Jurassic Park was one of the high points of 1990s cinema and one of Steven Spielberg’s best films but its sequels took the steam out of the series. In Jurassic World, with new director Colin Trevorrow, it’s got its mojo back.

Set 20 years after the original Jurassic Park’s plan for a dino theme park dramatically turned its toes up amid a feast of raptors and a T Rex that dream has become a reality in the massive Jurassic World.

The first thing Trevorrow has done is restore the first film’s sense of awe.

The park is so gorgeous and inspiring that it makes the original park look like Longleat and you’d probably book a ticket and take your chances with the obviously impending doom.

The return of John Williams’ iconic score obviously helps.

But visitors who were initially blown away by dinosaurs being brought back from extinction are now getting bored of it and scientists are tinkering with genetics to make bigger, badder, scarier, ‘cooler’ dinosaurs.

Inevitably they create a monstrous, intelligent beast – the terrifying Indominus Rex – which escapes and destroys everything in its path.

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Trevorrow (who also co-wrote) layers on half a dozen more subplots that stretch plausibility further but give the film some nuance.

These plot threads are less a grand tapestry of twists and turns, more a nice stripey scarf – attractive and colourful but all leading in a straight line.

There’s a military bod who wants to turn raptors into weapons, an ethical debate over whether it is right to create animals that never existed and a very overt strand about profiteering.

Thankfully Trevorrow – in the finest Spielberg traditions (the Jurassic Park director returned to executive produce this film) – gets the balance right.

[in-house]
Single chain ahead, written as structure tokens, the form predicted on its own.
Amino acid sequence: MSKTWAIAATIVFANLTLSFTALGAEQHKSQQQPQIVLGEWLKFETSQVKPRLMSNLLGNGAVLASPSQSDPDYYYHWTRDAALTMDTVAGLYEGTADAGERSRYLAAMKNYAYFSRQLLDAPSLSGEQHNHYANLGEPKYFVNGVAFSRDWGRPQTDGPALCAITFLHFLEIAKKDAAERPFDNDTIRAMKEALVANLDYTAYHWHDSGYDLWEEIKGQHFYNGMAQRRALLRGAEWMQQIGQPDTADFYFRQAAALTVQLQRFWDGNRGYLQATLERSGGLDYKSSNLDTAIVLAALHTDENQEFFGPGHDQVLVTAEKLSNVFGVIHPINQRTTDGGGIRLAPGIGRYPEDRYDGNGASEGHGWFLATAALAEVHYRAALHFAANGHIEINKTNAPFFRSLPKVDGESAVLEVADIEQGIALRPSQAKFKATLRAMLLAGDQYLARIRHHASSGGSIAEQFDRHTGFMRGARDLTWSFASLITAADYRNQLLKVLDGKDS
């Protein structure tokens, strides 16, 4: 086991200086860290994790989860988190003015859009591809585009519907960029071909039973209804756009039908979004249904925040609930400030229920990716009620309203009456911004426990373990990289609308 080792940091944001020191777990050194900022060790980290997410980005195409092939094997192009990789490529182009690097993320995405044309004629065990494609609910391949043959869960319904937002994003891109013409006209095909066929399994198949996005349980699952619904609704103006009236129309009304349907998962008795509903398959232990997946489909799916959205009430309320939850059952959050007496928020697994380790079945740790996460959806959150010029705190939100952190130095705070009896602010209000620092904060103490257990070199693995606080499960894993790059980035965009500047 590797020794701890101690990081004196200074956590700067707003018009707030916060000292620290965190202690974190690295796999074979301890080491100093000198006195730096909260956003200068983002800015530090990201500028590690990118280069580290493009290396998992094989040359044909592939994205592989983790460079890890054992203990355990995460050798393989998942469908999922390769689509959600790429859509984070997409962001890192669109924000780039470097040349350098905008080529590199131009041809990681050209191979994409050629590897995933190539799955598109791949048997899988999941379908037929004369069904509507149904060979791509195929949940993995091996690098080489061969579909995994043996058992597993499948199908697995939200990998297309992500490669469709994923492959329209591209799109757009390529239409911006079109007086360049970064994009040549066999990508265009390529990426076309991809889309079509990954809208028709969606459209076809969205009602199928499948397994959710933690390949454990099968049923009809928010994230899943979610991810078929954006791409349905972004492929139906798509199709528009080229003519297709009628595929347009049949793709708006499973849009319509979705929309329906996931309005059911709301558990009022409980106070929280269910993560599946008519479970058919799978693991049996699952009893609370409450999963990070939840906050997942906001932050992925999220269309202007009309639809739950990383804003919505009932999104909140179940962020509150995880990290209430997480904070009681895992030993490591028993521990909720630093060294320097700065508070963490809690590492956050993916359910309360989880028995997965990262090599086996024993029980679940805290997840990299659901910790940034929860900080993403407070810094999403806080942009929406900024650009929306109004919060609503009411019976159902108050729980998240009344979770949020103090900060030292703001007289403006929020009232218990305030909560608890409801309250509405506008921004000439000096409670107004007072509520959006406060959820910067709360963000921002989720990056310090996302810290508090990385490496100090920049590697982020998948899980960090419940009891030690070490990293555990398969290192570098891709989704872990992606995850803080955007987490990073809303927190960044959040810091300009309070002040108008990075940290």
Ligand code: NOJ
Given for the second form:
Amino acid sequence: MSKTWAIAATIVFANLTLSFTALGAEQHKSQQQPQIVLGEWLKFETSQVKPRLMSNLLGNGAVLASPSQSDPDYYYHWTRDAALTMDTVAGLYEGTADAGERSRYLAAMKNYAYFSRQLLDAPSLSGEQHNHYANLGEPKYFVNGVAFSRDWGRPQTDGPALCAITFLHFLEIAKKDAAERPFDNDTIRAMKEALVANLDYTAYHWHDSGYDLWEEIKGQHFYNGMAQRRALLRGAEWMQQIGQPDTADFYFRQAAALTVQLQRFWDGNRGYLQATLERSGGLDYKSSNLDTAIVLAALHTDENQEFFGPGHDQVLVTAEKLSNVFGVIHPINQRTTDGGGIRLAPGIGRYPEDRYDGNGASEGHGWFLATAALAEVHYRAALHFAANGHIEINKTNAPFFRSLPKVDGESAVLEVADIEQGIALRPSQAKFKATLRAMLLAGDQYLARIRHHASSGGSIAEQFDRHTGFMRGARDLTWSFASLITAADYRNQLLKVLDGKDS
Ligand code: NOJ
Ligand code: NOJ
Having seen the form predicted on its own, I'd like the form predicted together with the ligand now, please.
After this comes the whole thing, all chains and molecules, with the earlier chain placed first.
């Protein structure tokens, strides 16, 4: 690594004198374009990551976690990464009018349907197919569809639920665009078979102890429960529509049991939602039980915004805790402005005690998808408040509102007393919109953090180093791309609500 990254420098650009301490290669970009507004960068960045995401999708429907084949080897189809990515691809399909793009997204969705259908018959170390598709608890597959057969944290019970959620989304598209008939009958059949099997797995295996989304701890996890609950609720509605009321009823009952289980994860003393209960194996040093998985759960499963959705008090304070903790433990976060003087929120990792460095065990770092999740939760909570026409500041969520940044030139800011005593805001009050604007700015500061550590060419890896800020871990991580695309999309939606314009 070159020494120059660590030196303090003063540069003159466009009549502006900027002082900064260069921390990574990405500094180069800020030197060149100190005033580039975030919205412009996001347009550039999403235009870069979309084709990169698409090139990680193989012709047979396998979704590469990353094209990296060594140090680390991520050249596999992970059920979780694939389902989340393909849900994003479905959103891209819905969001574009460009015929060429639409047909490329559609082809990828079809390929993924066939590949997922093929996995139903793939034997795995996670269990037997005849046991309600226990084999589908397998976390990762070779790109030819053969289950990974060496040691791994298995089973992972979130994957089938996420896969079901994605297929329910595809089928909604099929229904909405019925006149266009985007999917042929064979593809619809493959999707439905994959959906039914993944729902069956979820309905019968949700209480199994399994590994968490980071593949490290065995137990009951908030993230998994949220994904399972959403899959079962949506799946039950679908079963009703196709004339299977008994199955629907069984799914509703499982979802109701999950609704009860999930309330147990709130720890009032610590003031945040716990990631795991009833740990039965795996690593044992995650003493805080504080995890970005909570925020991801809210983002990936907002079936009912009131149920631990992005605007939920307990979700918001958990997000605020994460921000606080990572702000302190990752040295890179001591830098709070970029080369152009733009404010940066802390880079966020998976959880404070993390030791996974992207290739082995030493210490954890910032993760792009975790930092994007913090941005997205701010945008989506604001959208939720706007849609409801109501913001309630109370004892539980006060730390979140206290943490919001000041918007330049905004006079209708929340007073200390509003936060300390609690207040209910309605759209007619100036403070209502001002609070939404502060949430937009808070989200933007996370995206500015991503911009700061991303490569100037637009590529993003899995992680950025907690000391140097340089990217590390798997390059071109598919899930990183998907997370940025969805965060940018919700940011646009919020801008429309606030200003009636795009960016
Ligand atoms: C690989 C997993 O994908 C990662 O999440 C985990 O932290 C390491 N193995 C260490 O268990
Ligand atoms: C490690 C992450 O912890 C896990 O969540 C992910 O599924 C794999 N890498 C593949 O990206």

Visually, the movie is stunning and it is paced so we don’t get two hours of scaly beasts chasing screaming kids.

It’s built on solid foundations in terms of character too. Our gateway into the story is a pair of brothers, horny grumpy teenager Zach (Nick Robinson) and his geeky younger brother Gray (Ty Simpkins).

Their divorcing parents have sent them on a break to Jurassic World where they will be looked after and treated by their aunt Claire (Bryce Dallas Howard), who happens to be the woman in charge of the park’s day-to-day running.

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She’s uptight, overly concerned by profit, refers to the dinos as ‘assets’ and has an awfully severe fringe.

In fact, she’s almost diametrically opposed to Chris Pratt’s all-action friend-to-the-velociraptors Owen.

You can probably see where that’s leading (but that’s not to say it doesn’t work).

Pratt, in particular adds greatly to his star status in this film. The Guardian of the Galaxy star is the lynchpin and reminiscent of the great screen heroes, even if he does sport a dodgy ‘tache.

There’s something very Harrison Ford-y about him, so it’s no wonder people are talking him up for a new Indiana Jones film.


Though she does well, Bryce Dallas Howard’s Claire offers less. Her character’s arc is basically told through her hair – from rod-straight and precise to wavy, casual and more likeable as the movie wears on.

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Any film with such a high body count that also wants to appeal to a wider audience has to have its lighter moments and while these are dotted around, there’s a regular source in an excellent supporting turn from New Girl’s Jake Johnson (he also appeared in director Trevorrow’s Safety Not Guaranteed) as fan of the original park’s ethos working in the new park’s control room.

While it is fairly obvious where this film is going, Trevorrow manages to take you with it the whole way through and as the awe-inspiring spectacle of a dinosaur theme park turns to terror you’re pulled on the edge of your seat.

Jurassic World is the kind of blockbuster movie that cinemas were made for.

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Jurassic World (12A) is out now.